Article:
Family Practice physician Hiram L. Beasley reports that he has been the target of increasing intimidation and harassment because of his deeply held religious beliefs.
“My pioneer ancestors were persecuted for living their religion, and it is terrifying to see that such intolerance and hatred are rearing their ugly heads again in the 21st century,” Beasley said from behind the desk in his modest office.
The persecution began slowly, when Beasley decided that he could not offer some medical services that violated provisions of his faith. “I felt that I had an obligation as a disciple of Christ and as an American to stand up for my First Amendment right to practice and express my religion according to my conscience.”
Beasley says he was first impressed by pangs of conscience for having prescribed birth control to women whose marital status wasn’t clear. “I hadn’t paid much attention before, and then I realized to my horror that many of these women might not have been married. I could have contributed to extramarital sexual relations, meaning I was winking at sin, perhaps even condoning it. I knew I needed to repent and use my medical skills to promote wholesome and righteous behavior.”
From then on, Beasley made a point of not performing any gynecological exams or prescribing birth control medications until he was sure he was treating faithfully monogamous, married women.
“I lost quite a few patients,” he said wistfully. “But I stood up for the right. These God-fearing hands were not about to do a pelvic exam or Pap smear on a promiscuous vagina.”
Within days, however, Beasley faced a quandary when a woman (properly vetted as a married mother of three) came in complaining of painful vaginal discharge. “As I suspected,” Beasley noted, “she tested positive for gonorrhea. I didn’t know what to do. Was she the one at fault, or had she contracted it from her husband?”
After sending that patient to another physician who was “more accommodating of her lifestyle,” he came up with a 10-page questionnaire for each patient to ensure that he would not be treating those whose medical issues had not been the result of violating the commandments of God. “How would I be able to look my Lord in the eye and tell Him that I had looked the other way when His children were entering into grievous sin?”
The questionnaire was a great success, Beasley says. Receptionist Dara Swensen agrees: “We saw a 70% decrease in the number of patients the doctor was seeing after we implemented the new policies, so we could be confident we were only seeing people with high moral standards. Sure, we lost business, but Dr. Beasley says he doesn’t want that kind of business, anyway.”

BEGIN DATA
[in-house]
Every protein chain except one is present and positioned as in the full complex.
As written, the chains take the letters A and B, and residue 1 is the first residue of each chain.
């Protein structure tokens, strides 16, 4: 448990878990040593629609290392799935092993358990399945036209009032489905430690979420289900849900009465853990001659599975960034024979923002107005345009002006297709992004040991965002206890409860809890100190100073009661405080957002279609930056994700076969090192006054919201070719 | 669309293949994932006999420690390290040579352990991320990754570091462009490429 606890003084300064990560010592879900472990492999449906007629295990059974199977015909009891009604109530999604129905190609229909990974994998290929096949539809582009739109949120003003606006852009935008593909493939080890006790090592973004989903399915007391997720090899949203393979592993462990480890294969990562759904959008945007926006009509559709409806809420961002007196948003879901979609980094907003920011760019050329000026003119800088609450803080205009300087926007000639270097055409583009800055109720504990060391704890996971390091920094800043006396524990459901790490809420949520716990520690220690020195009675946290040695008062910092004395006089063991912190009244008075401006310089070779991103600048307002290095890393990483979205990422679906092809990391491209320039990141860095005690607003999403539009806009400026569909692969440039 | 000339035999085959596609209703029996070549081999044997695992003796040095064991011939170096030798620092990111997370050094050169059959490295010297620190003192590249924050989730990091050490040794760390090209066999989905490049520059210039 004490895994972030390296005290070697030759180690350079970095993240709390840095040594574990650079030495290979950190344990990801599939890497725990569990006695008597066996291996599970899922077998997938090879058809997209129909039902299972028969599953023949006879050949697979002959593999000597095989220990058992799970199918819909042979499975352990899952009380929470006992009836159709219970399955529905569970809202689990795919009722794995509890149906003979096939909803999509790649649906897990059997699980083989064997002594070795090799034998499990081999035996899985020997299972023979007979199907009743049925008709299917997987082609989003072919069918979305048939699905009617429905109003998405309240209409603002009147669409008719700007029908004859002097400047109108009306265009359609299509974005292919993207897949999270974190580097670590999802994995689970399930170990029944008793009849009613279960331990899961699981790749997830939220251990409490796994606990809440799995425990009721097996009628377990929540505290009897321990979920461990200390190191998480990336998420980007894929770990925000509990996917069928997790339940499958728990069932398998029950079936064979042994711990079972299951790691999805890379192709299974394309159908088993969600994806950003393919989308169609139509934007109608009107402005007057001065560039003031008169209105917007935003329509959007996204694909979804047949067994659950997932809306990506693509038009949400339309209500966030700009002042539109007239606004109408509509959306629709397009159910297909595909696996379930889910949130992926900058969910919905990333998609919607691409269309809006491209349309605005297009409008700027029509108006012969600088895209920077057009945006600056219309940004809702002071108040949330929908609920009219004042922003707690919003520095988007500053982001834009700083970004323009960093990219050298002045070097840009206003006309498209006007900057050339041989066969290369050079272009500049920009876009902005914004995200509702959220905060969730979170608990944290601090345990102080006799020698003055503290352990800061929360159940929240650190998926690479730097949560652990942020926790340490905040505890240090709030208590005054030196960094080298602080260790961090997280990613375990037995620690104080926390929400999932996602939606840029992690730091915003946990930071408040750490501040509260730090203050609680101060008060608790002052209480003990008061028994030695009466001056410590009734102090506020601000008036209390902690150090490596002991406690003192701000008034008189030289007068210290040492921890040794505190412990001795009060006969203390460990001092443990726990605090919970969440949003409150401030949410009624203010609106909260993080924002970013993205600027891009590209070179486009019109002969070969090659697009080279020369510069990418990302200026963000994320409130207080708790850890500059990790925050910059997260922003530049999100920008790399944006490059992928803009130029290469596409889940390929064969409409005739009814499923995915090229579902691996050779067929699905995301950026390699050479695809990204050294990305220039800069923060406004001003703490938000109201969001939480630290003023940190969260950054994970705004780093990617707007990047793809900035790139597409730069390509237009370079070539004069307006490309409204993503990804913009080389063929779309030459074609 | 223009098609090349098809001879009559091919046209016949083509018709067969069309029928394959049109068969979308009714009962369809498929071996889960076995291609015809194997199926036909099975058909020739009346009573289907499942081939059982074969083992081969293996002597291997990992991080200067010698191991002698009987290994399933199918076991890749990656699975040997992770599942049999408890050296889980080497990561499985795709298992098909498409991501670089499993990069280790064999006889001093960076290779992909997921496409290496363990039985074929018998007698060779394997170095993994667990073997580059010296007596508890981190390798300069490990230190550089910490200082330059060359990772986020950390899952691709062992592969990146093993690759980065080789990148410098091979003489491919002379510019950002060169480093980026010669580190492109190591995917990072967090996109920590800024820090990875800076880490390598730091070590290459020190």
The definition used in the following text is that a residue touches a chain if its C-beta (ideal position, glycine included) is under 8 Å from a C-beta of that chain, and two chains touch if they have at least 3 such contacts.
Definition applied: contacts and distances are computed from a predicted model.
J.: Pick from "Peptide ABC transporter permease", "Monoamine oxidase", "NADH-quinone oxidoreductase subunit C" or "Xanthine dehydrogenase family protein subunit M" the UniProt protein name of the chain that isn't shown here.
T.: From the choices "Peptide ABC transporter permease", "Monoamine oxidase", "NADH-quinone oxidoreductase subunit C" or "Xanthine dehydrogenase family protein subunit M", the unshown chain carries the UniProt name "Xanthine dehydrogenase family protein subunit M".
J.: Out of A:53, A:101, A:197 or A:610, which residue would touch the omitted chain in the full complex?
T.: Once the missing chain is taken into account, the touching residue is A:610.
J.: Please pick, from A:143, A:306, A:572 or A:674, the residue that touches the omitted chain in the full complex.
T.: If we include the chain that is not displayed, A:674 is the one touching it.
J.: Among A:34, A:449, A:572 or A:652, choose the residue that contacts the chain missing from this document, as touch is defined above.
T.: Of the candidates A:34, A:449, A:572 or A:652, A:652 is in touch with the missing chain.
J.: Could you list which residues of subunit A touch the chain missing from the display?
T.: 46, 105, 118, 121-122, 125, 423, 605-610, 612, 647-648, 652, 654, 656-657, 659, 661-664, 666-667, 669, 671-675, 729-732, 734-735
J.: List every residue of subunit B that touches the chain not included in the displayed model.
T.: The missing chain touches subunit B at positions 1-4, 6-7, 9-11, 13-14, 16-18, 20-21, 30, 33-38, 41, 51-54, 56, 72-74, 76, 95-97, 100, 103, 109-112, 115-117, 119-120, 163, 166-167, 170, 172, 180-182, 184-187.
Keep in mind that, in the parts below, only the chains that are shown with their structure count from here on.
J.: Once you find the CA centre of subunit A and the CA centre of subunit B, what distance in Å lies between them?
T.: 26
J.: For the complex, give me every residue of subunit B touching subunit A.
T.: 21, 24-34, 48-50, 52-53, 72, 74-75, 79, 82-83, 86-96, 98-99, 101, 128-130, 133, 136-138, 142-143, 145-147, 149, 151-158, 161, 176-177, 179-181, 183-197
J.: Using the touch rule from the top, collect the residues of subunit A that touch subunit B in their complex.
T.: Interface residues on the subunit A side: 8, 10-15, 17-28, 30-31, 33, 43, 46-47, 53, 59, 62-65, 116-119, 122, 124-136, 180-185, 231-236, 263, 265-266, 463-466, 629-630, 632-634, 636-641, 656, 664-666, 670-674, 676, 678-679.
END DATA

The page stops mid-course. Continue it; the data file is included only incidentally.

Some people slipped past the questionnaire, he said, so he relied on promptings from the Holy Spirit. “You know, sometimes you look at a guy, and you just know,” he smiled. “I’d walk in and see a guy with an earring and impeccable grooming, and I’d just say to myself, ‘I am not doing a prostate exam on that guy.’ You know what I mean.”
The harassment really took off when Beasley also decided to stop treating patients whose conditions resulted from drinking alcohol, coffee, or tea; or from using tobacco products, which also violate the tenets of his faith. “I had a guy come in here with emphysema, and I told him, ‘Sorry, no can do. You brought this on yourself. Go and sin no more.’ See? I’m helping these folks. Can’t they see that?”
But patients have apparently not understood Dr. Beasley’s positive goals. “That guy, the one with emphysema, he called me an ass and some other language you wouldn’t be able to print,” he said, shaking his head sadly. “I’m just trying to help.”
Since then he’s faced a lot of angry patients, ranging from a man with a eczema who, for reasons known only to himself, refused the doctor’s instructions to quit drinking coffee, to the young woman with strep throat who nonetheless refused to remove her second pair of earrings before having her temperature taken.
Now Beasley is facing the wrath of the entire community for refusing to come to the aid of a city councilwoman who had suffered a heart attack in a local movie theater. Viola Biggs, 57, died in the lobby of the Mainstreet Cinema after Beasley refused to enter the theater in which she had collapsed. “We could have saved her had he helped out before we got there,” said EMT Bryan Travers, “but he wouldn’t even go in and see her. What a f$#@ing jerk.”
“I couldn’t go in there,” explained Dr. Beasley. “She was watching ‘American Sniper,’ and I wasn’t about to go into a theater where they were showing an R-rated movie. What would the Savior have thought of me? It’s not my fault it took them so long to carry her out to the lobby. By the time I saw her, it was too late. She was already gone.”
Beasley fears he will have to shut down his once-thriving practice simply because he has stood up for his religious beliefs. “People don’t even look at me when they see me in the store, or they just call me a bad name. It’s not right. It’s not American.”
“I’m considering a lawsuit against the city, the chamber of commerce, and the movie theater,” the doctor said. “I’m not a litigious guy, and I don’t like suing people, but someone needs to be held accountable for the way I’ve been treated.”
City Attorney Dave Campbell chuckled when asked about the prospects for such a suit. “All I can say to Dr. Beasley is, uh, good luck with that.”
Reached by phone late Tuesday, receptionist Swensen confirmed that the practice is shutting down. “I’ve already lined up another job,” she said. “It’s just as well. He wouldn’t prescribe my birth control, anyway.”